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Atlus is suing Shin Megami Tensei MMO players who are keeping the game alive

Atlus has filed a lawsuit against a trio of fan servers that have been keeping Atlus' defunct Shin Megami Tensei Online running for two years.

Justin Carter, Contributing Editor

September 28, 2022

2 Min Read
Cover art for Atlus' Shin Megami Tensei Imagine: Online.

Towards the end of 2021, Atlus filed a lawsuit in New York District Court against players of the MMO Shin Megami Tensei Imagine: Online. The game has been "dead" for years, but the fan project "ReImagine" has established fanmade servers to keep it afloat, and the players running those servers (Rekuiemu, ReImagine, and Comp_Hack) have recently been summoned to appear in court. 

It isn't uncommon for an online game's servers to be kept alive by passionate players, particularly with MMOs. Such action risks the deployment of cease-and-desist orders from developers or publishers, since such efforts often violate the games' end user license agreement. 

Shin Megami Tensei Imagine: Online released in Japan in 2007 and North America the following year. Management of the game changed hands in the west, and its North American service ended in 2014. Japan service would end two years later., and the "ReImagine" project revived the defunct game in 2020.

Atlus' court documents focus solely on Comp_Hack and Rekuiemu, as ReImagine shut down its server and website voluntarily. Atlus accuses the two servers of violating copyright law, by "creating and operating an exact copy" of Imagine Online's original website. The two groups were also accused of creating a "server emulator" that emulated the original game and let players play the game online.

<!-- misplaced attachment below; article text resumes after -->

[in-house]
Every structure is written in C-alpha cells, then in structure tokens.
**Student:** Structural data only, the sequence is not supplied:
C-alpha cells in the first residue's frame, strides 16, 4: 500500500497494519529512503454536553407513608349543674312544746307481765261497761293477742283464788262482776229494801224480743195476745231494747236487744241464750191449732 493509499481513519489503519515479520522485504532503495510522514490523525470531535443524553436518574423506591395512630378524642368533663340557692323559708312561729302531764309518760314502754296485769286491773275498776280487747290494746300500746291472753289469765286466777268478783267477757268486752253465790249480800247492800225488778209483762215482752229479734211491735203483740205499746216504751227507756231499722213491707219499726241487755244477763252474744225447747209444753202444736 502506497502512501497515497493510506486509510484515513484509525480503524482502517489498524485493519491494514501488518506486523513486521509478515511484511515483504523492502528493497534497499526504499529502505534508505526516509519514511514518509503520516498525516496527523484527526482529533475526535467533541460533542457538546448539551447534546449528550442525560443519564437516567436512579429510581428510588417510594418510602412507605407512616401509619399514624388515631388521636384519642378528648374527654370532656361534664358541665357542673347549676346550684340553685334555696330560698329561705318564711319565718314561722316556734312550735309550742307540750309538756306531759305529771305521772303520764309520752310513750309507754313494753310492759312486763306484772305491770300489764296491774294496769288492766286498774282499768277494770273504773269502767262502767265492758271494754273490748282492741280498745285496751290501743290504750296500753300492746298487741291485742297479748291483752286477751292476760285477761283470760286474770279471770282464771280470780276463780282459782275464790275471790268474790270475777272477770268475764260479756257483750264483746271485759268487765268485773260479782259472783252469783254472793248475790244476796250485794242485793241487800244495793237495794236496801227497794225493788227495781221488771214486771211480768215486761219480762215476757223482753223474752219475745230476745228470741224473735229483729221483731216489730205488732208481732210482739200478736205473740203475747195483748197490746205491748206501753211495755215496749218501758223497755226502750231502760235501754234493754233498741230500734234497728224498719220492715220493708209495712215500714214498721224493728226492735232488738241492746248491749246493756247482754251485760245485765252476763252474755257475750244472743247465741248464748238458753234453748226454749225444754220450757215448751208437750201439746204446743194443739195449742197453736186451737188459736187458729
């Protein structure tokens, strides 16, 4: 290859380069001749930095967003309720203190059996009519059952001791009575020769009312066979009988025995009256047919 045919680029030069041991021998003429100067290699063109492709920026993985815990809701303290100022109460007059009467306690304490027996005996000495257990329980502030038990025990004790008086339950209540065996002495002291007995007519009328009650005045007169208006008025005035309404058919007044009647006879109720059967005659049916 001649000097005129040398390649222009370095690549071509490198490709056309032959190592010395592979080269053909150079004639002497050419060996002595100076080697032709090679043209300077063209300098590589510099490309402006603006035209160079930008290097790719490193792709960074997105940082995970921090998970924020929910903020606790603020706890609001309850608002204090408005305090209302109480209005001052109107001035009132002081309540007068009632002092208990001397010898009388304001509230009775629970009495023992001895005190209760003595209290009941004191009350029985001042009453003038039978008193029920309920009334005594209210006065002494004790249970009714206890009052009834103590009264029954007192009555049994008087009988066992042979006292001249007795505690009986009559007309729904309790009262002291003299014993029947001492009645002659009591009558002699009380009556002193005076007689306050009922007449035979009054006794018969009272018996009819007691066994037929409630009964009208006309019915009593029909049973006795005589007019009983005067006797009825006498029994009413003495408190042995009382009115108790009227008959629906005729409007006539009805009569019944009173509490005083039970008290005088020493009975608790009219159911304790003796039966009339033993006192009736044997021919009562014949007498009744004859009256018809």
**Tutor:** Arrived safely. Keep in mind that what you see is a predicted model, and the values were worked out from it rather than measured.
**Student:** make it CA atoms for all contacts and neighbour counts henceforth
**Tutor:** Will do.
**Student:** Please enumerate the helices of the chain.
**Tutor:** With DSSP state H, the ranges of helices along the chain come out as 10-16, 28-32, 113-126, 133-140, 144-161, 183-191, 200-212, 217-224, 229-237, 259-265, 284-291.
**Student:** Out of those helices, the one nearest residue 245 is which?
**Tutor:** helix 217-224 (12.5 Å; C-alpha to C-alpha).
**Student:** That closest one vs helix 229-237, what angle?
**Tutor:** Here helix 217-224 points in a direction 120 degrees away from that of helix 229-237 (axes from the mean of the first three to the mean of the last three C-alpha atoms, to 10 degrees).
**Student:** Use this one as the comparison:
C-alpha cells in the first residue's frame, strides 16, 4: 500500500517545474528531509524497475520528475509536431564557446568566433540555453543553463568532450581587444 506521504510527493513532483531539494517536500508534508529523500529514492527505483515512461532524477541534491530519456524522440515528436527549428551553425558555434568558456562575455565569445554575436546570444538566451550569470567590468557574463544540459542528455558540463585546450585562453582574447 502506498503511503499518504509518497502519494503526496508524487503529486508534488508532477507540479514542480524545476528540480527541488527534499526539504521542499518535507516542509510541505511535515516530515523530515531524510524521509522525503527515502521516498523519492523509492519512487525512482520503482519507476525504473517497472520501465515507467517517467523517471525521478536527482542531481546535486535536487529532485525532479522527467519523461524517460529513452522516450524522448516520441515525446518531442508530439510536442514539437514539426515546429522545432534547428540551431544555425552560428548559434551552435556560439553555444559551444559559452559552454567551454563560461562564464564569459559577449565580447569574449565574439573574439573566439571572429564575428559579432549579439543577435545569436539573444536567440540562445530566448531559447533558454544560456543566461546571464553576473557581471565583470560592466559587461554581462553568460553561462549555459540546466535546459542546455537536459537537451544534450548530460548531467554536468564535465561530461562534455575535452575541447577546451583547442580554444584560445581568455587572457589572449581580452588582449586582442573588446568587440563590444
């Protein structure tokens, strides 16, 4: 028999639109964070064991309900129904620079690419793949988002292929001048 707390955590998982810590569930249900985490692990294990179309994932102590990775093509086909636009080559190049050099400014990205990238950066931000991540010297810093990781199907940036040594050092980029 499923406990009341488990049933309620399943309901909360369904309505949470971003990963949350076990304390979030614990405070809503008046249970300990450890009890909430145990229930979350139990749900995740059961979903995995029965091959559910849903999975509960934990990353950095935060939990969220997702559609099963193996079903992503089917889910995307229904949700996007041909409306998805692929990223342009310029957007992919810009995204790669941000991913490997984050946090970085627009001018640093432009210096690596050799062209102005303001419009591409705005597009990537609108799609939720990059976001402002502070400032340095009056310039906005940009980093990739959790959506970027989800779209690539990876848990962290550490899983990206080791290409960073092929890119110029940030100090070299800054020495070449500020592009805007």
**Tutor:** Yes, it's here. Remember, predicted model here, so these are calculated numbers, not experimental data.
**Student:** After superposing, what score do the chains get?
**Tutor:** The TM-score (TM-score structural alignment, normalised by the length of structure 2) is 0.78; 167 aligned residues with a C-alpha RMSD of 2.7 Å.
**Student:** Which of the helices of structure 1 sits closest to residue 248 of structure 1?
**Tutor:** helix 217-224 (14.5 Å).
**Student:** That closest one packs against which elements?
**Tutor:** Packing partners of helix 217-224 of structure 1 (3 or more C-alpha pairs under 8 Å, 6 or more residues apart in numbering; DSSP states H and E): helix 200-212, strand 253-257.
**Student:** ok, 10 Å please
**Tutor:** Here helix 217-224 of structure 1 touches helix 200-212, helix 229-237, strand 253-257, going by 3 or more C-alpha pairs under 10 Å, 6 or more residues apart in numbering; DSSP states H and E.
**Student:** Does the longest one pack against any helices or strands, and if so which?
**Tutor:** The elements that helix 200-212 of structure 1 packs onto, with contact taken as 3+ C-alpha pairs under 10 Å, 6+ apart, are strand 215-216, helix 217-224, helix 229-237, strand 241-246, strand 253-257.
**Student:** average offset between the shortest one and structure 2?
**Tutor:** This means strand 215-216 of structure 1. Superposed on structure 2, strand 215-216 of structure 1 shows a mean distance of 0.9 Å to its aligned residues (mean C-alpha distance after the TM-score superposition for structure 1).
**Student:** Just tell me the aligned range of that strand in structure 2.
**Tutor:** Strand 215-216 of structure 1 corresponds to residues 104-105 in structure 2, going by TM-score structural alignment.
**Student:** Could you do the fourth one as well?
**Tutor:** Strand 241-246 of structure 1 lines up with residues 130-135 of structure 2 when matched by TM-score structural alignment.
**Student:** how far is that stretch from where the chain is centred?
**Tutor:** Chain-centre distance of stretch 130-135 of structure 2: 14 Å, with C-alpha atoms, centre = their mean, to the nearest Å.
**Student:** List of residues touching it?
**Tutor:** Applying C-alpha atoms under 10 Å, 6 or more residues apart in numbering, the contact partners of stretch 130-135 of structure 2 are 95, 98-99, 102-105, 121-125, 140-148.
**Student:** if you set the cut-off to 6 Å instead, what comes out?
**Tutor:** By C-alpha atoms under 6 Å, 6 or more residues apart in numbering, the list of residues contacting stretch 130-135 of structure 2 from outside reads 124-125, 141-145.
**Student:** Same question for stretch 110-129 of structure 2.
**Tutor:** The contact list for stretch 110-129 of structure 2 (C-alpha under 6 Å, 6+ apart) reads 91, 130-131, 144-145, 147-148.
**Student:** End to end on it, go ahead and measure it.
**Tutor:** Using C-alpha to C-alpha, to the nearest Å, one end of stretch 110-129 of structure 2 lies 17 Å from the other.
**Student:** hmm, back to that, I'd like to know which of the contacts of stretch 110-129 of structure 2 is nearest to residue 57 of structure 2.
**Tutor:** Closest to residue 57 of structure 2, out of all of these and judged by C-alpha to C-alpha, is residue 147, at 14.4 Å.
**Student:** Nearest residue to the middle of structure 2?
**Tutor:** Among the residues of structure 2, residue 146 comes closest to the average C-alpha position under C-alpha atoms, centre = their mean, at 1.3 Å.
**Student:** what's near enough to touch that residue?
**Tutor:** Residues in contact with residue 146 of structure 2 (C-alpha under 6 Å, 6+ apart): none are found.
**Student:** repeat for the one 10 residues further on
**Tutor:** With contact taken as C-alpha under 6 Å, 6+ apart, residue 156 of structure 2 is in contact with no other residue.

Rekuiemu, and its Discord server, have also reportedly been taken down.

"Atlus seeks injunctive relief to stop Defendants’ unlawful acts complained of herein," the documents continue. "Atlus also seeks monetary relief (up to $25,000 per violation) in an amount sufficient to compensate it for its loss, an accounting and award of Defendants’ total profits flowing from their infringing activities."

It sounds like an open-and-shut case, however in 2018, the Library of Congress ruled that video game historians can circumvent the DMCA to preserve online games. That said, the ruling didn't cover emulators, which adds some complications to the case.  

Update 9/29: This story has been updated to better reflect how game studios respond to fan-maintained MMOs.

About the Author(s)

Justin Carter

Contributing Editor, GameDeveloper.com

A Kansas City, MO native, Justin Carter has written for numerous sites including IGN, Polygon, and SyFy Wire. In addition to Game Developer, his writing can be found at io9 over on Gizmodo. Don't ask him about how much gum he's had, because the answer will be more than he's willing to admit.

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